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Nation Faces Psychological Battle
China faces a serious challenge in preventing children from being psychologically damaged by misuse of information technology, a State Council official said Wednesday.

Zhang Li, an official with the Women and Children Work Committee under the State Council, had been asked to comment on the recent case of a 14-year-old boy in Tianjin Municipality.

The adolescent - whose name has been withheld - phoned a sex line for three months and he is now on the verge of a mental breakdown.

He first called the sex line voluntarily in early February but wanted to stop calling after one month. However, employees of the company knew the boy's phone number and called him back. They threatened to tell his parents and teachers of what he had done unless he continued calling the line.

Zhang said: "More and more people celebrate the rich and convenient variety of information that modern technology has brought us but not many have realized that some psychologically weaker groups, especially children, have been exposed to the severe danger of psychological abuse.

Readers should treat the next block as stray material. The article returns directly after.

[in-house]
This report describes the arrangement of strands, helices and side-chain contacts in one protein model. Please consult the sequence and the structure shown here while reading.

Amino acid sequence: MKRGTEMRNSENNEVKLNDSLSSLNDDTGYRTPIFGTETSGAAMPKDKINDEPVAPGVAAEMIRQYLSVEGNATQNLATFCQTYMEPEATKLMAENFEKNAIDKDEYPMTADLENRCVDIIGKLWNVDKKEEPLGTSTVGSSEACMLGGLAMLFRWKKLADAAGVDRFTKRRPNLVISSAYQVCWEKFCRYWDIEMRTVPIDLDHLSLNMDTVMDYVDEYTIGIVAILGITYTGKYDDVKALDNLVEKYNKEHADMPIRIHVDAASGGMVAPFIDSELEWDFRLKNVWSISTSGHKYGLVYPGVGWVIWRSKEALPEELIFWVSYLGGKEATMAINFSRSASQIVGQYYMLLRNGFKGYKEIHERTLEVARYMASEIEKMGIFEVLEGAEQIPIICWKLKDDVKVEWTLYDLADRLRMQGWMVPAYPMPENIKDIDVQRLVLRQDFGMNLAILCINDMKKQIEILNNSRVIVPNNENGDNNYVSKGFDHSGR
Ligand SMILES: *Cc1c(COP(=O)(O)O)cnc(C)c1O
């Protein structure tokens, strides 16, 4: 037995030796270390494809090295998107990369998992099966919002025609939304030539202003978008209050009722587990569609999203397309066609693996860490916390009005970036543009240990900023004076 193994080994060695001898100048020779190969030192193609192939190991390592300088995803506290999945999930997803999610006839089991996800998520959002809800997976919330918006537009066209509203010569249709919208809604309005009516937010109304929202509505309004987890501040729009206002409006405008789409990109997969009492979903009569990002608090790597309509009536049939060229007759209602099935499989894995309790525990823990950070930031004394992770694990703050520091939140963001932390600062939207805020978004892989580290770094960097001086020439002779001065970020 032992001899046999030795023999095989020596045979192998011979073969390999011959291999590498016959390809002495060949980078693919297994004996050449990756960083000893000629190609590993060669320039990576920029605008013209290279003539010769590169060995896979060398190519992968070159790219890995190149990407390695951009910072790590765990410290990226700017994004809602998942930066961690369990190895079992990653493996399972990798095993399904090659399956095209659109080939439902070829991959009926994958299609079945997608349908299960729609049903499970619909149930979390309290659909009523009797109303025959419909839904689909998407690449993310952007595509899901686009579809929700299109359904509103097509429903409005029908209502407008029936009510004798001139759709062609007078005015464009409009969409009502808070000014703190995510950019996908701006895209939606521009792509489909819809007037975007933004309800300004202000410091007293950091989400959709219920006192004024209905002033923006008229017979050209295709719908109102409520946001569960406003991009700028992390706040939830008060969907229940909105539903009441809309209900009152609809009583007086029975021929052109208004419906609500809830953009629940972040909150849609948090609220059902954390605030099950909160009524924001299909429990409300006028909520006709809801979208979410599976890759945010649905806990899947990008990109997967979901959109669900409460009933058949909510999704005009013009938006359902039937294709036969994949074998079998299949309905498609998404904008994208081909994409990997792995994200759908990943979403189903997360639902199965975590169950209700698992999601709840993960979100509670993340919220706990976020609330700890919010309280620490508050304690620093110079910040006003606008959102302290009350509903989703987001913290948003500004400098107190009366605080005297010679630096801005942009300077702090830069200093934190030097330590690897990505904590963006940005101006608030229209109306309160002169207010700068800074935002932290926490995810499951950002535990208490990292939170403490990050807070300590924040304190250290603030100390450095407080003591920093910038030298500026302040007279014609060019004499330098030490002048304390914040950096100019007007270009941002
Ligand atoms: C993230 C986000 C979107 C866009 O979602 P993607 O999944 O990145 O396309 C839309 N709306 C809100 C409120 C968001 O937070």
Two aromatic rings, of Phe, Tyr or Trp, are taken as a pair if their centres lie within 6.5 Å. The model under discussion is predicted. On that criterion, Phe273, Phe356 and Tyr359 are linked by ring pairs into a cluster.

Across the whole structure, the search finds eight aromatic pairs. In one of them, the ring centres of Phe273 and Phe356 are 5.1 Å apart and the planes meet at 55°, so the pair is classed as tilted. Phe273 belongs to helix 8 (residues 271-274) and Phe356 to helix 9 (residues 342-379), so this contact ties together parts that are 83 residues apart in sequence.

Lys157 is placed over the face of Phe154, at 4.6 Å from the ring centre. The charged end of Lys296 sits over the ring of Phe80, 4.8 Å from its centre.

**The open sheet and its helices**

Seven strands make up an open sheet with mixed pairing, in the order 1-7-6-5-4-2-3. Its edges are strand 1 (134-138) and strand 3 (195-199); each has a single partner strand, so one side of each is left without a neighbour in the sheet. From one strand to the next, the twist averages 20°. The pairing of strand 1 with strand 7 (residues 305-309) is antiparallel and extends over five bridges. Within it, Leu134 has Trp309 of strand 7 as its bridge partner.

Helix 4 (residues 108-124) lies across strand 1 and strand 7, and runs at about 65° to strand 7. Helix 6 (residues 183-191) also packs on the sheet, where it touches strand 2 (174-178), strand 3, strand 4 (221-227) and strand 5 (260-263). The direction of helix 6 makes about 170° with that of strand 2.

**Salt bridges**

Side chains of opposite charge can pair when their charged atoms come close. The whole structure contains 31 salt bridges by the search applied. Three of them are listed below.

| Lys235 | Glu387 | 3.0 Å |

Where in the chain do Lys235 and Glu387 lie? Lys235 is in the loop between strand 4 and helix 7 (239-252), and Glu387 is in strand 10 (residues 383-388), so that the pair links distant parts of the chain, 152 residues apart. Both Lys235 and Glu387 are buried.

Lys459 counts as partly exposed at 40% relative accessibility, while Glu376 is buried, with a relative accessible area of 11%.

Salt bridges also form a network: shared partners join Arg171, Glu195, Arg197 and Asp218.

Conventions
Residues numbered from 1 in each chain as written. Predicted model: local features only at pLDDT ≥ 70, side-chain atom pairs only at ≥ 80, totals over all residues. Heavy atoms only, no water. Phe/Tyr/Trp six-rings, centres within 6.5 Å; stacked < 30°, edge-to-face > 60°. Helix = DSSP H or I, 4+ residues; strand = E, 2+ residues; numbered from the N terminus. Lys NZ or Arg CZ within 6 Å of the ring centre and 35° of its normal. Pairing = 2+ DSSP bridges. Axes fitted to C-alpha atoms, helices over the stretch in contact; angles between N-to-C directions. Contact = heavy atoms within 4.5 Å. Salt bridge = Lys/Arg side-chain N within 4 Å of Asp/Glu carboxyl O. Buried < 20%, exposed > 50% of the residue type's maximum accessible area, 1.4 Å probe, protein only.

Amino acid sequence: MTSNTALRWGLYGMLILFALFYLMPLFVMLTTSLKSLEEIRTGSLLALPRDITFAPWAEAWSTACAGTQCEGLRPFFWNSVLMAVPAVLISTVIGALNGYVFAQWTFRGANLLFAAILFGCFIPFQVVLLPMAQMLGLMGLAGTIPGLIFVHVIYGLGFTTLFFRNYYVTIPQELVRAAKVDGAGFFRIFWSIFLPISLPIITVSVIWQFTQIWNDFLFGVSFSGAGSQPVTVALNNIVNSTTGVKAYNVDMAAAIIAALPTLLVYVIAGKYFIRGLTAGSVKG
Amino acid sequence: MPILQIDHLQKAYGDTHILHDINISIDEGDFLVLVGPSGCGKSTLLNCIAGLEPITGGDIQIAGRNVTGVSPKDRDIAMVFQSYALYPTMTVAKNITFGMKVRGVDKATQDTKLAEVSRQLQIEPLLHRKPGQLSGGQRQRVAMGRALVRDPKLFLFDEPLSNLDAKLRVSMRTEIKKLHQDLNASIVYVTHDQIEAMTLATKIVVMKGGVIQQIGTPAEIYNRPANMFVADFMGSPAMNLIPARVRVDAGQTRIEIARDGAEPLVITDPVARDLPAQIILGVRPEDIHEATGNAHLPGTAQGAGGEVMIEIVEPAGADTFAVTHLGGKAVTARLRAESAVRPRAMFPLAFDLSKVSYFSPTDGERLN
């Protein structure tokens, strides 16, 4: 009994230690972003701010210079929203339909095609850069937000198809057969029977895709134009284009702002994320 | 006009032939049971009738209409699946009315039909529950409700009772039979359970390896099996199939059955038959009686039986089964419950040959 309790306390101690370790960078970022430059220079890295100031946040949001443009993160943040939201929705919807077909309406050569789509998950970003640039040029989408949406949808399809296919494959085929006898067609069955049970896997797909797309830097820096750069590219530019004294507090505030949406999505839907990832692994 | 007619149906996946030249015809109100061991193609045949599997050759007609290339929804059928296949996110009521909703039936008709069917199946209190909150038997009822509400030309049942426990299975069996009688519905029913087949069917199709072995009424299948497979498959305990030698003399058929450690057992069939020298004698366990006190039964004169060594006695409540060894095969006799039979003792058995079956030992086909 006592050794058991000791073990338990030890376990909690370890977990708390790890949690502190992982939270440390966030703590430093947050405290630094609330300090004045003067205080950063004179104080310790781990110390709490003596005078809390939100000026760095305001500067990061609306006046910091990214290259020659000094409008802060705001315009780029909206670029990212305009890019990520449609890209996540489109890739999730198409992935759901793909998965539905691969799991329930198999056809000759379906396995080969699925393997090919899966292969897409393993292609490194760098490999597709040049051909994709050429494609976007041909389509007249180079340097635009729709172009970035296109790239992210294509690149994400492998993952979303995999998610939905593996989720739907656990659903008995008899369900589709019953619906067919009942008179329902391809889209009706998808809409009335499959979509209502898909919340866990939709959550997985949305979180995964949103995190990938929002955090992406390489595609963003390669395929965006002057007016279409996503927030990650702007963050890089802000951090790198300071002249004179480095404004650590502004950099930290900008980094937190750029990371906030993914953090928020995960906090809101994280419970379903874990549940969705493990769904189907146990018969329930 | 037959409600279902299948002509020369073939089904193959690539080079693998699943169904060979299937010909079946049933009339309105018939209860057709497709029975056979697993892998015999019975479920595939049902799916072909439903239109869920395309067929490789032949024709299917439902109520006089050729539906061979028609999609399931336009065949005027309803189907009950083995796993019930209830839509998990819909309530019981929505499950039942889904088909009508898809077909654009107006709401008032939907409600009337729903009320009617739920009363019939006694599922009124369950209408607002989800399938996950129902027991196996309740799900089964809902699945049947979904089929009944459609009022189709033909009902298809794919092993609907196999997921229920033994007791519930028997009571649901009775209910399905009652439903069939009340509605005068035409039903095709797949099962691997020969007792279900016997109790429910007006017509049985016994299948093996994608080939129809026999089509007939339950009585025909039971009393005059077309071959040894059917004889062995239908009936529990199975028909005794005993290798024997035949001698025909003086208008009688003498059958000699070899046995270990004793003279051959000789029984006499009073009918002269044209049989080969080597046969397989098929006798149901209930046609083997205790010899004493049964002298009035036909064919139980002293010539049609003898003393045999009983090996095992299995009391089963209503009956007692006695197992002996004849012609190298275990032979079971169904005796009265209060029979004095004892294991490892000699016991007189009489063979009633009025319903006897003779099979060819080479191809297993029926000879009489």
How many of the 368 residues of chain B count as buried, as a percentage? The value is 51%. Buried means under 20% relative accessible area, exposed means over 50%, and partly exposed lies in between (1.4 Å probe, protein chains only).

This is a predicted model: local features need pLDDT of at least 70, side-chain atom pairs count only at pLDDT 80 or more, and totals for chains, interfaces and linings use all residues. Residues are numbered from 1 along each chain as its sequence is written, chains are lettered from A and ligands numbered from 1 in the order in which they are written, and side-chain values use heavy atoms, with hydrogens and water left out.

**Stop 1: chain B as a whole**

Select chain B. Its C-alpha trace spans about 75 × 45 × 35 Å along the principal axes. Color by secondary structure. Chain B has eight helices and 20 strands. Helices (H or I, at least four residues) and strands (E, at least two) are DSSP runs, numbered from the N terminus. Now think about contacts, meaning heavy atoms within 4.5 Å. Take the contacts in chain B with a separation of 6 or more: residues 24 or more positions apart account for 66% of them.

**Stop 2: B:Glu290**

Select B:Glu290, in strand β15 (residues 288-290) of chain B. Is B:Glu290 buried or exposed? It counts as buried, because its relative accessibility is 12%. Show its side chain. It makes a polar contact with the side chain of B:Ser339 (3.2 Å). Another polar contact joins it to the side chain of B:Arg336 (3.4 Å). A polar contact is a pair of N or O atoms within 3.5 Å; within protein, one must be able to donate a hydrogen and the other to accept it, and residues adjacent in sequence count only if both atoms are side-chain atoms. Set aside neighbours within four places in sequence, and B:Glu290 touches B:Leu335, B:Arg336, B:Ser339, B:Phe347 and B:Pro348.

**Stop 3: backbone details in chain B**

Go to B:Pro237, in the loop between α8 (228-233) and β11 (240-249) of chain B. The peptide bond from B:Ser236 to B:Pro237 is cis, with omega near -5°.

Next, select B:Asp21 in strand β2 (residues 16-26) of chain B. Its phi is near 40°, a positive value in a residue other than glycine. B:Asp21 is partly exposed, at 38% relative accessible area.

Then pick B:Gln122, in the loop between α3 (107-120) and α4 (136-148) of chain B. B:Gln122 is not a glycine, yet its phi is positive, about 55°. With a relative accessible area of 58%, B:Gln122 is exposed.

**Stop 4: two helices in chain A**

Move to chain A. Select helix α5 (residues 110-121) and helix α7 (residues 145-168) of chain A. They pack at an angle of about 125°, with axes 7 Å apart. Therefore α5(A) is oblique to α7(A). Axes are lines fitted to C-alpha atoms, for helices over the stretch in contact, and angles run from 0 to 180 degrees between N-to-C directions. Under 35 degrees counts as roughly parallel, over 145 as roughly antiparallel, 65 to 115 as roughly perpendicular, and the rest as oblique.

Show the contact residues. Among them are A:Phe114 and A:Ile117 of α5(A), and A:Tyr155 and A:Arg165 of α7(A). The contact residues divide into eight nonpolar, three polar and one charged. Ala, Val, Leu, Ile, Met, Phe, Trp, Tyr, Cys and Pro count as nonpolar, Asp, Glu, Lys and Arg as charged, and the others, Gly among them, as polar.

"More alarming is that even fewer people have realized that psychological abuse can be more damaging than physical abuse."

The case of the Tianjin boy serves as a good example.

He dropped out of school because he could not concentrate on his studies or take part in school activities.

The boys' parents found out in early May what had been going on when their phone bill was much higher than normal. They called the police, who have detained three of the sex-line company's employees for questioning since late last month.

However, the boy still feels scared when the phone rings. A psychiatrist suggested that the boy become an in-patient at a mental hospital but his parents - who are both farmers - simply cannot afford this.

The boy's mother said: "We have paid several thousand yuan for the telephone bill, as well as another several thousand for all kinds of medicine, and we do not know what to do next."

Zhang said she was very worried that so little had been done to prevent such incidents in the first place.

"Although it is stated clearly in the country's development programme for children that it is essential to take precautionary measures to guard children against possible psychological abuse, not much has been done," said Zhang.

Zhang's committee has decided to conduct a national research programme later this year to find out how children are influenced by the increasing amount of information available today.

(China Daily June 6, 2002)

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